How then did these three Chinese interpreters of Matthew deal with missionary influences and colonial powers of their times? Did they assert their Chinese cultural identity or show any of the anti-imperial tendencies that recent post-colonial criticism is concerned about?

It is interesting to note that Hong Xiuquan led his Taiping forces against the Qing rulers, calling them barbarian rulers, but that he sought cooperation with foreign imperial powers (the English, American and French naval dispatches in Shanghai) because he thought that they shared the same Christian faith with him, while the Qing dynasty was regarded as the demonic 'imperial power' that should be eradicated. Hong believed that all peoples were children of God and that Christianity transcended politics. However, in establishing the Taiping heavenly kingdom, he mimicked every form of imperial manoeuvre and strategy to take power and control. He did, in fact, simply replace the Qing Empire with a quasi-Christian empire of his own, equally corrupt and oppressive. This became one of the reasons why his kingdom failed.

Wu Leichuan lived through a time in the modern history of China when foreign aggression and colonial attempts were at their height. He was, however, able to turn inward for self-examination and choose moral persuasion instead of empire-like coercion to advocate an ideal society. Wu wanted to save China from imperial exploitation but was wise enough to combine what was good from both imperial influence (such as reason and science) and Chinese tradition (such as moral character and concern for the community), perhaps because he had seen the benefit of missionary enterprise in education, medicine and social service as well as the arrogant abuse of Western traders and diplomats. He was therefore able to transform imperial discourse and pursue a moral discourse.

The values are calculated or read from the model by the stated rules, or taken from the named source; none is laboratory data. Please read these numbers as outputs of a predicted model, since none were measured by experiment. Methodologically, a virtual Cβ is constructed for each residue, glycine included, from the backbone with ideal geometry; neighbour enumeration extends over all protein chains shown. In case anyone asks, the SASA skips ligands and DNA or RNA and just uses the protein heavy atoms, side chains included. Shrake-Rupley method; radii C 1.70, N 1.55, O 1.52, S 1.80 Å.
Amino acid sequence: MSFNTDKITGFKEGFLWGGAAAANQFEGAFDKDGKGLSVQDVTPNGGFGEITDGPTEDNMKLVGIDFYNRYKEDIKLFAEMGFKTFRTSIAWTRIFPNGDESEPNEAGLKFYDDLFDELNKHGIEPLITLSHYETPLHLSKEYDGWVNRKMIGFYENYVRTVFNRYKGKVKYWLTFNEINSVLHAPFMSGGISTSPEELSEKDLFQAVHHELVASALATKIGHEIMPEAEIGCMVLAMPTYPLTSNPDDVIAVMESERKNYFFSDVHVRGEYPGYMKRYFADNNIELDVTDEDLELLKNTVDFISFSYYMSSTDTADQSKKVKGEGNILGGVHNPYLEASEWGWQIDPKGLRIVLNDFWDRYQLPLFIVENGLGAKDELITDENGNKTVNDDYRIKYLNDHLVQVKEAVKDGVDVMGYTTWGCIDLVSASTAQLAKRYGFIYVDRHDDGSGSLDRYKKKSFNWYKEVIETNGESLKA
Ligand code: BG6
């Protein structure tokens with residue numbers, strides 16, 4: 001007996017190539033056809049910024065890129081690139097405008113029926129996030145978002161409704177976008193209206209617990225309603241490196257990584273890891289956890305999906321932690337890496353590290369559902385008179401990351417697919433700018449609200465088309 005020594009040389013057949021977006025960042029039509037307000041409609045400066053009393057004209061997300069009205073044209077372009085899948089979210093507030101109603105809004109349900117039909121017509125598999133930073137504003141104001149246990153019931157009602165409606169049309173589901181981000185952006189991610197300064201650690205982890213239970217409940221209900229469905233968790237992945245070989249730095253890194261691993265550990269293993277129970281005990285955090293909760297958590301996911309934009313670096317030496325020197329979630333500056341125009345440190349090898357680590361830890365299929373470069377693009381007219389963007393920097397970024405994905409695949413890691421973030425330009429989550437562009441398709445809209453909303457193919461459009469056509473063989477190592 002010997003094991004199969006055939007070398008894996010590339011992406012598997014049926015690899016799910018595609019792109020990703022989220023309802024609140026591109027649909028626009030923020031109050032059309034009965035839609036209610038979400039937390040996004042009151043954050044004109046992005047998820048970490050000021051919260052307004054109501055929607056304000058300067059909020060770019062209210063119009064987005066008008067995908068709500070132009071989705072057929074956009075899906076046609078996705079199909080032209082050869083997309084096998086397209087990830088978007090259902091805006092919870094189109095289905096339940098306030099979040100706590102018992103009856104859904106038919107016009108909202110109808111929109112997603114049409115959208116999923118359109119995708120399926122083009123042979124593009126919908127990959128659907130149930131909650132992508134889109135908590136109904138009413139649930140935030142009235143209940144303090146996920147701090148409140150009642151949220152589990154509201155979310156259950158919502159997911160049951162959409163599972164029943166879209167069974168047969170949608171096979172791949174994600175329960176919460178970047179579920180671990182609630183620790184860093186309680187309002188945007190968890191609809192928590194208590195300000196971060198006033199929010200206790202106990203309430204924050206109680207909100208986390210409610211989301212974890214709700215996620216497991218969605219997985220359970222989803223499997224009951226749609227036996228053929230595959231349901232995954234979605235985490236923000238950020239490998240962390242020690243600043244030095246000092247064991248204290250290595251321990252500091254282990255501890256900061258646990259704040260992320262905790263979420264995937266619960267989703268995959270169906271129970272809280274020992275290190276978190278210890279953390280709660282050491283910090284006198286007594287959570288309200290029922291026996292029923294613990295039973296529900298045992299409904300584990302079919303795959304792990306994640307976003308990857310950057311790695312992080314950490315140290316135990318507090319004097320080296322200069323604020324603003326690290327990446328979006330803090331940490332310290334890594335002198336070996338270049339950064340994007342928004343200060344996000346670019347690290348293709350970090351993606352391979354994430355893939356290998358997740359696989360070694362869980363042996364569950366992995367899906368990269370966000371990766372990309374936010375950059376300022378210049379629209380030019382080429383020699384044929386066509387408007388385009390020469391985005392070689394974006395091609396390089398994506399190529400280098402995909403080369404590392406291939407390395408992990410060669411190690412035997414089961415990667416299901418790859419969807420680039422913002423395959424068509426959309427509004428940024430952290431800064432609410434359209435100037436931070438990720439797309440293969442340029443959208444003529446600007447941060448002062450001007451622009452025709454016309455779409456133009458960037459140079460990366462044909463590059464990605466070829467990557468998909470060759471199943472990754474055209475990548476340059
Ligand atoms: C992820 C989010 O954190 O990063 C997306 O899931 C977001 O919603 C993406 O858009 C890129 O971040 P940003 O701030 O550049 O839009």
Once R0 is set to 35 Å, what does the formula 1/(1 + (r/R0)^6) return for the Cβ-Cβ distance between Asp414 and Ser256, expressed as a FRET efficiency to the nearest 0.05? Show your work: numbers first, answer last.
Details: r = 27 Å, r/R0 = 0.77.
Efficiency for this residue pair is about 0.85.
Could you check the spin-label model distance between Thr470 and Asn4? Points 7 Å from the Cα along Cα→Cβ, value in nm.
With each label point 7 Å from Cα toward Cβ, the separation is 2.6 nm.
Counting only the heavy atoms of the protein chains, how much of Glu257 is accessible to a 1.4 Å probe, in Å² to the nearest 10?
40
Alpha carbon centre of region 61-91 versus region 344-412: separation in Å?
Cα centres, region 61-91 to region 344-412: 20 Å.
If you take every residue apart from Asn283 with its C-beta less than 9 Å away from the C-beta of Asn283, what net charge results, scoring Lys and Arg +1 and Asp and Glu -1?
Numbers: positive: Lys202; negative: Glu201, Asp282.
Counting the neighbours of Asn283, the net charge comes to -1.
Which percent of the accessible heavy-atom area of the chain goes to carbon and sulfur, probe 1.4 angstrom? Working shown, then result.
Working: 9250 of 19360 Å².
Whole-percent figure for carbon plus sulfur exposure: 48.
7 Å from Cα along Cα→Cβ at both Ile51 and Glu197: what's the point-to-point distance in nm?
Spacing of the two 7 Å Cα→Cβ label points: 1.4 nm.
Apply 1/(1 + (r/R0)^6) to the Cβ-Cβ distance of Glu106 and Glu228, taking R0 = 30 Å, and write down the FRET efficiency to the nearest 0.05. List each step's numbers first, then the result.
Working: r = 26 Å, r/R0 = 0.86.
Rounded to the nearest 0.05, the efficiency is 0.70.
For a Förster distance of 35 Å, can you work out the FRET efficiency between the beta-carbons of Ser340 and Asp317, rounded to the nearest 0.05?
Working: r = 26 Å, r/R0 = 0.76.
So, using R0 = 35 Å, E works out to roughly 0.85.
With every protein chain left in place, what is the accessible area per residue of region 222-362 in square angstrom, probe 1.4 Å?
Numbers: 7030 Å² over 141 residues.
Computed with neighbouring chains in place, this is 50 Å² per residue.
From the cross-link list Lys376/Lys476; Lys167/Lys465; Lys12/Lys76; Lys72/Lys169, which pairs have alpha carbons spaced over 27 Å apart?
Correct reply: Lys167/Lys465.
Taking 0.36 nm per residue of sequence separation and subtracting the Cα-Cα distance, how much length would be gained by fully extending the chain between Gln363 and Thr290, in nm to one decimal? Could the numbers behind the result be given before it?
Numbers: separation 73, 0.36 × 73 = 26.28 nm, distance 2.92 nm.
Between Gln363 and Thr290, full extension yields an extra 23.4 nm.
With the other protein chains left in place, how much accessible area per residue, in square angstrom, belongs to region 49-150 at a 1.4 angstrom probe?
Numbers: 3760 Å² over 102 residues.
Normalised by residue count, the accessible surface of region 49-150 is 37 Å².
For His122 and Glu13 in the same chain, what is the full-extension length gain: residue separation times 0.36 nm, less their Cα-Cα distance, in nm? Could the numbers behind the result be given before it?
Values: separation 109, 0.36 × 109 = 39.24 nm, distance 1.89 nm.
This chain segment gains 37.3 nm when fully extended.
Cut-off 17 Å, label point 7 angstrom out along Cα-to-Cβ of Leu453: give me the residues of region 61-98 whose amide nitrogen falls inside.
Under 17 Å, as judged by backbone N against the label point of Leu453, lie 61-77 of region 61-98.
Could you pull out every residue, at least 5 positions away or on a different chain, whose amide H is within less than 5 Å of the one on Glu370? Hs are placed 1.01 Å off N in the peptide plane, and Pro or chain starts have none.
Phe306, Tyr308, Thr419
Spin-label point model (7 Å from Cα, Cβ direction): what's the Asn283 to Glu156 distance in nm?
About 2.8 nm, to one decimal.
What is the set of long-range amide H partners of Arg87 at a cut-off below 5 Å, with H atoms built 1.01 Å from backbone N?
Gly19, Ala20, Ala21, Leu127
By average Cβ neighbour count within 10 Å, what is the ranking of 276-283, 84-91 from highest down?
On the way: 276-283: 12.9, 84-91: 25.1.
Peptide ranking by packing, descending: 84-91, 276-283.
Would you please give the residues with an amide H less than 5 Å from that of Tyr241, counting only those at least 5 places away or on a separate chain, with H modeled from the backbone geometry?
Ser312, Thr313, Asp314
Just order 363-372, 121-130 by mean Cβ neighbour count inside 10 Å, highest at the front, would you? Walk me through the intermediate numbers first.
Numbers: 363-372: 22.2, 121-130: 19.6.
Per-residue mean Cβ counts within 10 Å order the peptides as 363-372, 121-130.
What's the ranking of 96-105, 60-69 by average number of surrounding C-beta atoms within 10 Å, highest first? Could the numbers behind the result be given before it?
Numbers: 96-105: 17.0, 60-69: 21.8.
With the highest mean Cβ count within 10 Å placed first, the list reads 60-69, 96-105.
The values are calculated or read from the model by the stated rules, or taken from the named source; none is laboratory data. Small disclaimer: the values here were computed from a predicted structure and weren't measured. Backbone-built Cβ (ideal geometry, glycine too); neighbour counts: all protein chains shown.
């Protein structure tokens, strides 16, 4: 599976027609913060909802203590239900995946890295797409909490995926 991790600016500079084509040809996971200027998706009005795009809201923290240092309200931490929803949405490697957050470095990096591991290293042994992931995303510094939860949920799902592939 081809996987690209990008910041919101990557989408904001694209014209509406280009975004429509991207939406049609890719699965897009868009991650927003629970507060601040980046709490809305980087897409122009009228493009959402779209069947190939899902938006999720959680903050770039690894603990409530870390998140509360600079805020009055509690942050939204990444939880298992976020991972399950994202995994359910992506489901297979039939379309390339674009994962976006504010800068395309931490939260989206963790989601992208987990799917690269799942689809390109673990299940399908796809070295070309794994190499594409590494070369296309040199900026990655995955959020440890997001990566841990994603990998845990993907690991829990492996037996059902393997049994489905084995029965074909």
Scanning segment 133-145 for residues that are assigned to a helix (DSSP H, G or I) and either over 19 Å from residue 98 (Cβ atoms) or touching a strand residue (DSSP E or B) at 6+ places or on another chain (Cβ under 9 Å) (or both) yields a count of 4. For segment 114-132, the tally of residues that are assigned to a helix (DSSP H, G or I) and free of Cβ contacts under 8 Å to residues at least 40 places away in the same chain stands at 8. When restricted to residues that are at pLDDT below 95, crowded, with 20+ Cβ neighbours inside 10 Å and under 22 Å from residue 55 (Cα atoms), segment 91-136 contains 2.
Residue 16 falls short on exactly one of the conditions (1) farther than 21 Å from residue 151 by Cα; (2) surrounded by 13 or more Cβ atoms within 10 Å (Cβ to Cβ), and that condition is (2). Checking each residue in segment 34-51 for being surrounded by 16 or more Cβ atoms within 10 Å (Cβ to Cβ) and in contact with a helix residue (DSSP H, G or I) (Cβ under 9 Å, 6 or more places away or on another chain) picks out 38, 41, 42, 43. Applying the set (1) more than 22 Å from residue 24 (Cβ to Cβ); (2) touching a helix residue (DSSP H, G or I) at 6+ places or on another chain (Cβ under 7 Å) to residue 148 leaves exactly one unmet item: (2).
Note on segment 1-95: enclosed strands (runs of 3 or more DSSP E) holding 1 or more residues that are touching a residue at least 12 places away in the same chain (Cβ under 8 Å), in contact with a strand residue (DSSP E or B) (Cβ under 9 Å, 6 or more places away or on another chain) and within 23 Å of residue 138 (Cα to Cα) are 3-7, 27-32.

Finally, Watchman Nee, who was active throughout colonial and post-colonial times, did not react to any particular imperial ideology and was able to resist the power of domination, perhaps because his church had been a self-governing, self-supporting, self-propagating independent church from the start and because he focused his ministry on training Christians to grow mature spiritually in preparation for the final arrival of God's kingdom. In his interpretation of Matthew, he sought to transcend the colonial discourse of power to travel into a new spiritual world.